The Armageddon Chord (2011) – Jeremy Wagner
A nihilistic billionaire seeking immortality enlists famed rock guitarist Kirk Vaisto to play an ancient song discovered in an Egyptian tomb. The only hitch: horrible things happen whenever the music is played. Forced to perform at a concert broadcast to the world, Vaisto must find a way to avoid unleashing the apocalypse.
The Armageddon Rag (1983) – George R.R. Martin
Before Game of Thrones, Martin wrote this horror novel. Rock journalist Sandy Blair travel the country to investigate the murder of a rock promoter. The investigation leads him to uncover something nefarious about the reunion of his beloved proto-metal band, the Nazgûl, and a song that will unleash the apocalypse when performed. The story serves as a metaphor that explores the descent from 60s idealism to 80s commercial greed. With keenly drawn characters and “magical mystery tour” road trip, the novel offers an enjoyable read.
Black Mad Wheel (2017) – Josh Mallerman
Bird Box author Mallerman, who also performs in a band, wrote this novel about a Detroit band which the military enlists to investigate a strange sound in the African desert. The band, past its heyday and hoping to revive former glory, reluctantly accepts the offer. Band leader Philip Tonka wakes up in a hospital and must piece together his shaky memory about what happened, while trying to understand the mystery of the sound’s destructive power. While not music per se, this sound represents the underpinnings of music.
Corpsepaint (2018) – David Peak
A washed-up, black metal band leader has the opportunity to record a comeback album in a remote corner of Ukraine. Little does he know that he is a pawn in the efforts of a far-right cult. The cult intends to create an antlike, anti-human music to promote their cruel philosophy. The novel explores creative people summoning destructive powers while struggling to express what it means to be human.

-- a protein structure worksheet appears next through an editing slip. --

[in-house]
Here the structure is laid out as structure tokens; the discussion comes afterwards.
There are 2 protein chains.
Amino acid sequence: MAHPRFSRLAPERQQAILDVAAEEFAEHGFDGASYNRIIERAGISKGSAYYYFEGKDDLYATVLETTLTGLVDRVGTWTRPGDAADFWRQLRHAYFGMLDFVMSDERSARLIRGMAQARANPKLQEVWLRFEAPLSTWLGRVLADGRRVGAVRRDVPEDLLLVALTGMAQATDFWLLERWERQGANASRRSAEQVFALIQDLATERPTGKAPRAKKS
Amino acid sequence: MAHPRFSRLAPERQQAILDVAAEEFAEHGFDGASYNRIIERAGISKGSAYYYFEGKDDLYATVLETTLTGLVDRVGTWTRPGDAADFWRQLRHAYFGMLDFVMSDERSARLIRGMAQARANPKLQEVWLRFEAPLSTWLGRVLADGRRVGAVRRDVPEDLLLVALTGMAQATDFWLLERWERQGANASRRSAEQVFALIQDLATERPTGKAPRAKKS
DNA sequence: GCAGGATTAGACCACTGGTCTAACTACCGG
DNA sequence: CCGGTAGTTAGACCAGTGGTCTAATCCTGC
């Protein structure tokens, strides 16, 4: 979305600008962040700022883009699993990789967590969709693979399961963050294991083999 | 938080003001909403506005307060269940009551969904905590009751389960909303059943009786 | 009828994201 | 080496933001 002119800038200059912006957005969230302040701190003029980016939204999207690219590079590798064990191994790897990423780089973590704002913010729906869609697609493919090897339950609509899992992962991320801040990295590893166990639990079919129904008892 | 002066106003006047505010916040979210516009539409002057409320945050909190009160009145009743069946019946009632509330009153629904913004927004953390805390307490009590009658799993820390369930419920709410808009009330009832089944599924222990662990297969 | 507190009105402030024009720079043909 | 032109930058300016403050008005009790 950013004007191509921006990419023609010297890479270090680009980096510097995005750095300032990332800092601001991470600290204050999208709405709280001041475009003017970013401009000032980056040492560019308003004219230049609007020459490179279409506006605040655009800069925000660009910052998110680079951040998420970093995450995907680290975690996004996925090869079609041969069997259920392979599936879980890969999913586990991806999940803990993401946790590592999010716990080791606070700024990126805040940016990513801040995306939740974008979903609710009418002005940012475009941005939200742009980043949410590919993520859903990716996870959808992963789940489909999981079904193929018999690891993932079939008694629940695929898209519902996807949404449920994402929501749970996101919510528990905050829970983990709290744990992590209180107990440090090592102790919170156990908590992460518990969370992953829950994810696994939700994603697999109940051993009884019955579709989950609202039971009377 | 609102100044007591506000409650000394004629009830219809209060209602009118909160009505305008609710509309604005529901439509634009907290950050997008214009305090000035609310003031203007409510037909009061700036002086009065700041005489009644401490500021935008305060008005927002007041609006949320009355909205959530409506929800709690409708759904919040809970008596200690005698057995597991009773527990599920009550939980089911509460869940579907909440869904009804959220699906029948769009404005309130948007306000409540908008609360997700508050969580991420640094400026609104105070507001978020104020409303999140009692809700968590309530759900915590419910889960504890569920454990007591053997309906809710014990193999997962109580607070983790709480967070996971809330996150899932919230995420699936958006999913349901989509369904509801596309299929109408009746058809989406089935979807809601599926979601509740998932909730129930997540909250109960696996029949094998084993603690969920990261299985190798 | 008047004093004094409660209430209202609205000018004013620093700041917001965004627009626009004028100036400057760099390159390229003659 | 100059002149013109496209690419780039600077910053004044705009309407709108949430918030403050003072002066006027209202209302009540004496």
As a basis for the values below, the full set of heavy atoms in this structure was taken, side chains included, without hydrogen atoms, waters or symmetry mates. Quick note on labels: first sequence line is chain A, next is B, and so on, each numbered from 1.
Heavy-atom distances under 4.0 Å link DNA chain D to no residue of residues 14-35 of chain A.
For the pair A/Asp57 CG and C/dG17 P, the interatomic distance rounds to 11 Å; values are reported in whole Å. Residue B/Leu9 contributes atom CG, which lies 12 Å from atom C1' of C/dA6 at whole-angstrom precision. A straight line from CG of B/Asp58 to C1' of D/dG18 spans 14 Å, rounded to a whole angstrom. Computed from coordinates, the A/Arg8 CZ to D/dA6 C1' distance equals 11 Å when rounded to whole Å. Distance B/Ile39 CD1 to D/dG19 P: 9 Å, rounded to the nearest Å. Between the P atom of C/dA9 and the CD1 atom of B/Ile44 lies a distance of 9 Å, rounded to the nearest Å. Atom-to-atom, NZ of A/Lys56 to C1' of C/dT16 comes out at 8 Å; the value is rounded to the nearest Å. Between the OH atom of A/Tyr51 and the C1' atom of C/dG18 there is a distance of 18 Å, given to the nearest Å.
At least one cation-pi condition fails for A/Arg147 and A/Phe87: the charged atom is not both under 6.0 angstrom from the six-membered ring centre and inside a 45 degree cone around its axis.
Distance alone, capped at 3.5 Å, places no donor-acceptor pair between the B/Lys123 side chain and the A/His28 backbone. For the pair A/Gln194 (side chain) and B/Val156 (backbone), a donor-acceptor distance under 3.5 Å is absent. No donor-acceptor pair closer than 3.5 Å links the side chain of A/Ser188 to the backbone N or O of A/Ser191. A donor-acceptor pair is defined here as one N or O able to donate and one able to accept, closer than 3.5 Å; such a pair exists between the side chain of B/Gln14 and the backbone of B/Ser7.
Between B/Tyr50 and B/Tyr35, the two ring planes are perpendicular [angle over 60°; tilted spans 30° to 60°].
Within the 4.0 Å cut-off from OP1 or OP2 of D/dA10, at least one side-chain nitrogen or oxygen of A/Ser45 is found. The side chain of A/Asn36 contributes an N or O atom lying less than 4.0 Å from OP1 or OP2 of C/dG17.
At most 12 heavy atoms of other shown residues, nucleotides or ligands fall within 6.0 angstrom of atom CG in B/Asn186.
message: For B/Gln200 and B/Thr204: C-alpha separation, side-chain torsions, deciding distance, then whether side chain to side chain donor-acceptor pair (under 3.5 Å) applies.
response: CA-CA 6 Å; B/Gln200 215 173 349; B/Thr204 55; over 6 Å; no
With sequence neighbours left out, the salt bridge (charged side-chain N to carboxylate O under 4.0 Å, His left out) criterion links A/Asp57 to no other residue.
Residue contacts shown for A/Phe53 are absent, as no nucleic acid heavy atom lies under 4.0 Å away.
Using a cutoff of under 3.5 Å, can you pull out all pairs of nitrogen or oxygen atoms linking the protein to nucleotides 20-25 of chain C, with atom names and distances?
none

Jesus of Scumburg (2019) – Leo X. Robertson
This is the only book I haven’t yet read, so I’ll borrow the description from Amazon. Jesus DeJesus is the lead singer of the Nazi Sympathisers, a punk band whose music excites its audiences into a frenzy that results in the complete annihilation of whatever city the band plays in. When Jesus is reunited with his high school crush at a gig in his home city of Scumburg, his disorder-centric way of life is soon thrown into question, making him wonder if there might be a better life in store for him. Jesus DeJesus’ story is an exploration of the ever tempting urge towards total destruction.
Your Favorite Band Cannot Save You (2016) – Scotto Moore
A music blogger discovers an obscure song that mesmerizes everyone who listens to it. But each day, as the enigmatic band Beautiful Remorse posts a new song, increasingly strange things happen. As the blogger becomes drawn into the band’s orbit, he learns that the music actually opens a portal unleashing death and destruction. Told with subtly comedic touches, the novella seduces you into its increasingly preposterous world like a mad conspiracy theory.
A Song for Quiet (2017) – Cassandra Khaw
The saxophone of bluesman Deacon James summons monstrosities from other dimensions. As Deacon flees, chased by horrors and cultists, he stumbles upon a runaway girl, who is trying to escape the destiny awaiting her. Like Deacon, she carries something deep inside her, something twisted and dangerous.
To see my list of all horror books that use music and musicians as plot elements, see Horror Stories Involving Music.